Conflicting feelings often cause confusion and can leave a feeling of embarrassment, fatigue and deadlock. The term “conflicting feelings” means that you have many, often opposite, emotions about a person or situation. This happens because you have encountered a new person, new situation, new behavior, or new information to process. Conflicting feelings don't just appear in romantic relationships or new relationships. These feelings can appear with a friend, family member, or office colleague - that is, with someone you already know well. A common example is the love you might feel for your best friend because they are caring and kind. At the same time, you feel jealousy because he is popular and he attracts the attention of the people around him. In order to be able to deal with the conflicting feelings you have towards someone, you need to identify your own feelings, find a solution, and seek help when needed.
Part 1 of 4: identify your feelings
Step 1. Make a list of the feelings you have for this person
Use the PICC (Problem Identification, Choices, and Consequences) model to sort out how you feel. The first step is to identify the feelings you have for that person. For example, you might feel intrigued, insecure, self-conscious, etc.
- Make a list of all the feelings you can identify. Make sure you don't categorize these feelings as good or bad, but instead make a list of pros and cons. Feelings are not good or bad, they all have a purpose.
- For example, you might feel perplexed, respectful, offended, or exasperated with a co-worker or acquaintance.
- For someone closer to you, like your best friend or a relative, you might feel love, disappointment, boredom, comfort, etc.
Step 2. Think about a time you recently spent with this person
It can be difficult to identify feelings. It might be helpful to start with a situation you remember before adding your feelings later. Think about a recent time you spent with this person. Make a list of the feelings you had at that time.
- You might find that the feelings you identify are not about the person's status or your relationship, but the situation you were in or something in particular that they said or did.
- For example, you might get a good impression on a first date. Then that person takes you to a party where you don't know anyone and you feel uncomfortable and self-conscious. In this example, the unfamiliar situation or environment made you uncomfortable, not necessarily the person in question.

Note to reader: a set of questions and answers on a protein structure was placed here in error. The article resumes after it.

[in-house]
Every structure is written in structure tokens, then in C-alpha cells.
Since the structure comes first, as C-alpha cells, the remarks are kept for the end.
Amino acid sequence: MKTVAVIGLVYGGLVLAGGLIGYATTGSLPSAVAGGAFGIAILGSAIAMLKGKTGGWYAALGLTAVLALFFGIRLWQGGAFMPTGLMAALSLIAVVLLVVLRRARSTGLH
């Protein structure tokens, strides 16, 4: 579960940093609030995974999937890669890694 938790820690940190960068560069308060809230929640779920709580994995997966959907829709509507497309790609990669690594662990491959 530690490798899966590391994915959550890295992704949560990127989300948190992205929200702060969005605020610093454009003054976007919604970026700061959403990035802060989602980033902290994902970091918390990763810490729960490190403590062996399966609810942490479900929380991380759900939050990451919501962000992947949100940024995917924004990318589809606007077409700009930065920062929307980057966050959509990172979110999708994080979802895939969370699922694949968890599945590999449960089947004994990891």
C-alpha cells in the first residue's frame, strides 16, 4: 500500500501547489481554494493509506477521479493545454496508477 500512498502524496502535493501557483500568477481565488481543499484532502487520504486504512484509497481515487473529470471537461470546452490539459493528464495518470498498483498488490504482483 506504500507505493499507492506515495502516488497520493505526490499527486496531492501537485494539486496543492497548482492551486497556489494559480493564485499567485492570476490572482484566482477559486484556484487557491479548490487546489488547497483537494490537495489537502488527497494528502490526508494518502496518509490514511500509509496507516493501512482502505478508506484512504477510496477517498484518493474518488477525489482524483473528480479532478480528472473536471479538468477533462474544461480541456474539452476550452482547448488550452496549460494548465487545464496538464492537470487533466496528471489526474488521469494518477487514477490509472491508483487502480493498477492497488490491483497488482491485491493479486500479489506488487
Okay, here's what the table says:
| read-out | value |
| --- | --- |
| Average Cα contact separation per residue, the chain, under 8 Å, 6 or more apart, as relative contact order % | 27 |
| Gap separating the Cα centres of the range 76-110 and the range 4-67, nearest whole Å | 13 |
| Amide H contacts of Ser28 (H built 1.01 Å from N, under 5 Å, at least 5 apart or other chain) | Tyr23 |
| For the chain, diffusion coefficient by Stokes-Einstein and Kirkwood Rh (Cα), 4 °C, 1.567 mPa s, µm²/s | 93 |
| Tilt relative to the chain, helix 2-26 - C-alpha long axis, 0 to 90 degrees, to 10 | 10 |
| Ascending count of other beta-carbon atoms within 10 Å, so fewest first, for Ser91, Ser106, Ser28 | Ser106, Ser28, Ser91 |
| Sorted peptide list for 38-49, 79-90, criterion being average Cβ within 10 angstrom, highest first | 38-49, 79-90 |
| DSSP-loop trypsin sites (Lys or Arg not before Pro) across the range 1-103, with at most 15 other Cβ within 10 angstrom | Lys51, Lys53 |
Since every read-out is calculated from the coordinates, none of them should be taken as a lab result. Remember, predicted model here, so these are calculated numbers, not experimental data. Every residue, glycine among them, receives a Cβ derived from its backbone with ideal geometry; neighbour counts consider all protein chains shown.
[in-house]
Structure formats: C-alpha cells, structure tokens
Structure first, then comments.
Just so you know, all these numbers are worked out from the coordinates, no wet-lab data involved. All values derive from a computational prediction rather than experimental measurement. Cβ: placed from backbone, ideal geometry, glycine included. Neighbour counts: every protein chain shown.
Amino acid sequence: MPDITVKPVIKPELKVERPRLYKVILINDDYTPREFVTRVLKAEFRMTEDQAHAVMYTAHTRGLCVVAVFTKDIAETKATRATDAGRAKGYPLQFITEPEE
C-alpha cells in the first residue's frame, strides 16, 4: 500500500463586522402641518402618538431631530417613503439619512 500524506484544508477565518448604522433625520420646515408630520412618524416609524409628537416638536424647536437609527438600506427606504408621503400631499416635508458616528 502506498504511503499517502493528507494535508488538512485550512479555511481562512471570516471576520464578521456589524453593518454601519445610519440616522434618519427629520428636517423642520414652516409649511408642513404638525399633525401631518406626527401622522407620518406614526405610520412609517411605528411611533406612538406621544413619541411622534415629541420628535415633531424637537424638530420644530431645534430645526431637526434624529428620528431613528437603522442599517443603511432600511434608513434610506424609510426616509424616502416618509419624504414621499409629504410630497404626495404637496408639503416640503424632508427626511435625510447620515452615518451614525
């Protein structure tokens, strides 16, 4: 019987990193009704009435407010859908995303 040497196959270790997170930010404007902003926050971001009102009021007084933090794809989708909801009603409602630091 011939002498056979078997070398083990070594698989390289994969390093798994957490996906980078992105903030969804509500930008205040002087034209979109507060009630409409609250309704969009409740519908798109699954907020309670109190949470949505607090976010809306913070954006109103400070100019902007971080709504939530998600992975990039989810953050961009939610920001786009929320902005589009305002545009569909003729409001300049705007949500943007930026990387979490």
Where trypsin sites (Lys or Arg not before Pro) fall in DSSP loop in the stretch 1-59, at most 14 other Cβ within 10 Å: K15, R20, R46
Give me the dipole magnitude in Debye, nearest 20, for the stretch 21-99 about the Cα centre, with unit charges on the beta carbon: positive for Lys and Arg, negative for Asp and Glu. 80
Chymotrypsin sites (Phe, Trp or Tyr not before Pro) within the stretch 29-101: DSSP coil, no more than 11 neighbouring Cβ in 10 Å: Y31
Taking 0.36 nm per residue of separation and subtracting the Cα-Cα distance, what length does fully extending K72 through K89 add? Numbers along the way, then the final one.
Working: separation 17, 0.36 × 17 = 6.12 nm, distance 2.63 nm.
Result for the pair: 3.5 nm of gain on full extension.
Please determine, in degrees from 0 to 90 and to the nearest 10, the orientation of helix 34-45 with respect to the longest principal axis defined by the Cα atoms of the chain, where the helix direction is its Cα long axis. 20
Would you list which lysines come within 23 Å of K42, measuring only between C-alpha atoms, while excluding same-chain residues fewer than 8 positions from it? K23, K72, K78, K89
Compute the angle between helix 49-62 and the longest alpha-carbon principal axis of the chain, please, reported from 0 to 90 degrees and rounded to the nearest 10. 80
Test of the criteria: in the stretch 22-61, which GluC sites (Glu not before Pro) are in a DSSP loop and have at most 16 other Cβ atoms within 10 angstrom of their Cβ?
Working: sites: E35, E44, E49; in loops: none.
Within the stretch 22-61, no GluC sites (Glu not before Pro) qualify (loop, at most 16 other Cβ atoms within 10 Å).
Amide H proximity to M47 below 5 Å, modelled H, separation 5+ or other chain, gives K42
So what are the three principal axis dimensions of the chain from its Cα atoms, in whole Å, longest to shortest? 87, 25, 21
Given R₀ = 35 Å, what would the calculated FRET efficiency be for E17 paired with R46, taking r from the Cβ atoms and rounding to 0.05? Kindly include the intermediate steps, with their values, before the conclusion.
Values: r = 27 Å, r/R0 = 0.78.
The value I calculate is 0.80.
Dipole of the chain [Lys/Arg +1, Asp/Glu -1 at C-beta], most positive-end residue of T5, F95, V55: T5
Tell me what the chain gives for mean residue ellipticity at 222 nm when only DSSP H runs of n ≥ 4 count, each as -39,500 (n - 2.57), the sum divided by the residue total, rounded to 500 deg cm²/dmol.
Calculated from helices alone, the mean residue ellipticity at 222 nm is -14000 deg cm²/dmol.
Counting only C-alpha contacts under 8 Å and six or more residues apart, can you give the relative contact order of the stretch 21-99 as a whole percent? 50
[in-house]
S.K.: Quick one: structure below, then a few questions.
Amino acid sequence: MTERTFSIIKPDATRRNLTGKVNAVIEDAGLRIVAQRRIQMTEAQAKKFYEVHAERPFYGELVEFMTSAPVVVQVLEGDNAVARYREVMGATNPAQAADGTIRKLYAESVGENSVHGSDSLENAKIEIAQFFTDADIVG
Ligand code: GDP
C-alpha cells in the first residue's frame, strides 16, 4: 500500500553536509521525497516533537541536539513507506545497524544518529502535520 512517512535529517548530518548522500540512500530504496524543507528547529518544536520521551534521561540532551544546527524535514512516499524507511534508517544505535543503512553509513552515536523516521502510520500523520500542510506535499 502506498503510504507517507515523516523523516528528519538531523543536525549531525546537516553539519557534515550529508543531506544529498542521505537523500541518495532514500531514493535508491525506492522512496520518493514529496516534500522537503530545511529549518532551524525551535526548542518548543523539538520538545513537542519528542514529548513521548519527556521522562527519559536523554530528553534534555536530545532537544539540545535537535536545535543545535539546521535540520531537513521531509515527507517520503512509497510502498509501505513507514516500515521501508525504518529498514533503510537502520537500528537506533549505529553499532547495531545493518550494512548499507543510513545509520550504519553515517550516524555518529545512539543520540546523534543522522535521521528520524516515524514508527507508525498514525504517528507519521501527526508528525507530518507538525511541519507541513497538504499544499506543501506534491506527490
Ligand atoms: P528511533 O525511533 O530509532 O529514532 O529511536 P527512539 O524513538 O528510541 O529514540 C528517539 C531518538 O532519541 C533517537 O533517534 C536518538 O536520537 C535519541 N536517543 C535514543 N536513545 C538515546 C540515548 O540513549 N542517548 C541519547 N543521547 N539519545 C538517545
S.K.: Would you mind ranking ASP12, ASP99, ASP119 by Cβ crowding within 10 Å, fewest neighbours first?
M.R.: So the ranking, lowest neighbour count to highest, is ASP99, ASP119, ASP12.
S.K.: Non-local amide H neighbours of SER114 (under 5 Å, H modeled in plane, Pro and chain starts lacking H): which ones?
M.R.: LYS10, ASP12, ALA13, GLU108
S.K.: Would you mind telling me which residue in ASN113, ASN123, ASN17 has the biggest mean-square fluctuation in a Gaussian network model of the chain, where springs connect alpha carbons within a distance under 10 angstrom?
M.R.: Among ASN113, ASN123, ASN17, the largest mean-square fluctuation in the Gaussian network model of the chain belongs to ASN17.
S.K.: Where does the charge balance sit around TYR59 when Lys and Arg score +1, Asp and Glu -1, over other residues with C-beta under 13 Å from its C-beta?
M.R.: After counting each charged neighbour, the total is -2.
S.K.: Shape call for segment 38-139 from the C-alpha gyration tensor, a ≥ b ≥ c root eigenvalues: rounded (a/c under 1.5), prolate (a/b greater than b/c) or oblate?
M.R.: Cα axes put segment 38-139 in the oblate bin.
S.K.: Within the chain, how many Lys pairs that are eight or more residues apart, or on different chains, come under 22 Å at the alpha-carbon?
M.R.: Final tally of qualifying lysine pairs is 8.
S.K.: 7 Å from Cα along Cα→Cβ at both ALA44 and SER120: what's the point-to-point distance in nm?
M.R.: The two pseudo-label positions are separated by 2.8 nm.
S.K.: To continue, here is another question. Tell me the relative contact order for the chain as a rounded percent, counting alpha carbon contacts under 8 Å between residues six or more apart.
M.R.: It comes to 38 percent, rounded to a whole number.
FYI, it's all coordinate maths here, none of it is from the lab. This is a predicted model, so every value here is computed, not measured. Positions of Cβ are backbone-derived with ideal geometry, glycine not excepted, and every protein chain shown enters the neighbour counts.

Step 3. Identify the reason for your feelings
There may be other factors that cause you to feel what you are feeling. It may not be entirely the other person's fault. Try to identify the specific source of each emotion.
- It is even more specific than identifying the situation. Think back to a time when you felt a certain way. Remember what was said or done just before.
- For example, if you remember feeling rejected on a date, you might remember that the person you were with walked away from you as you walked. Perhaps this is what caused the feeling of rejection.
- Next to each emotion and situation on the list, write down what you think is the source of that emotion.
Part 2 of 4: Separate Your Feelings From This Person
Step 1. Examine how you are feeling
Once you identify how you feel about this person and find when those feelings arose, you need to dig deeper into those feelings. Your conflicting feelings may have been caused by different causes. You can make them disappear by understanding these causes.
For example, if you have a bad self-image, you might think that you don't deserve that person, and you don't allow yourself to be committed to the relationship
Step 2. Think about the people in your past
One of the common reasons that cause conflicting feelings about someone is that that person reminds us of another person from our past. We subconsciously associate certain qualities and expectations with this new person based on our relationship and experience with the person from our past in a process called "transference." Your boss reminds you of a mean professor, which is why you don't like to follow orders he gives you.
Think about the people in your life who have caused feelings similar to the ones you now have towards this new person. Try to find a similar pattern
Step 3. Think about how the other person is treating you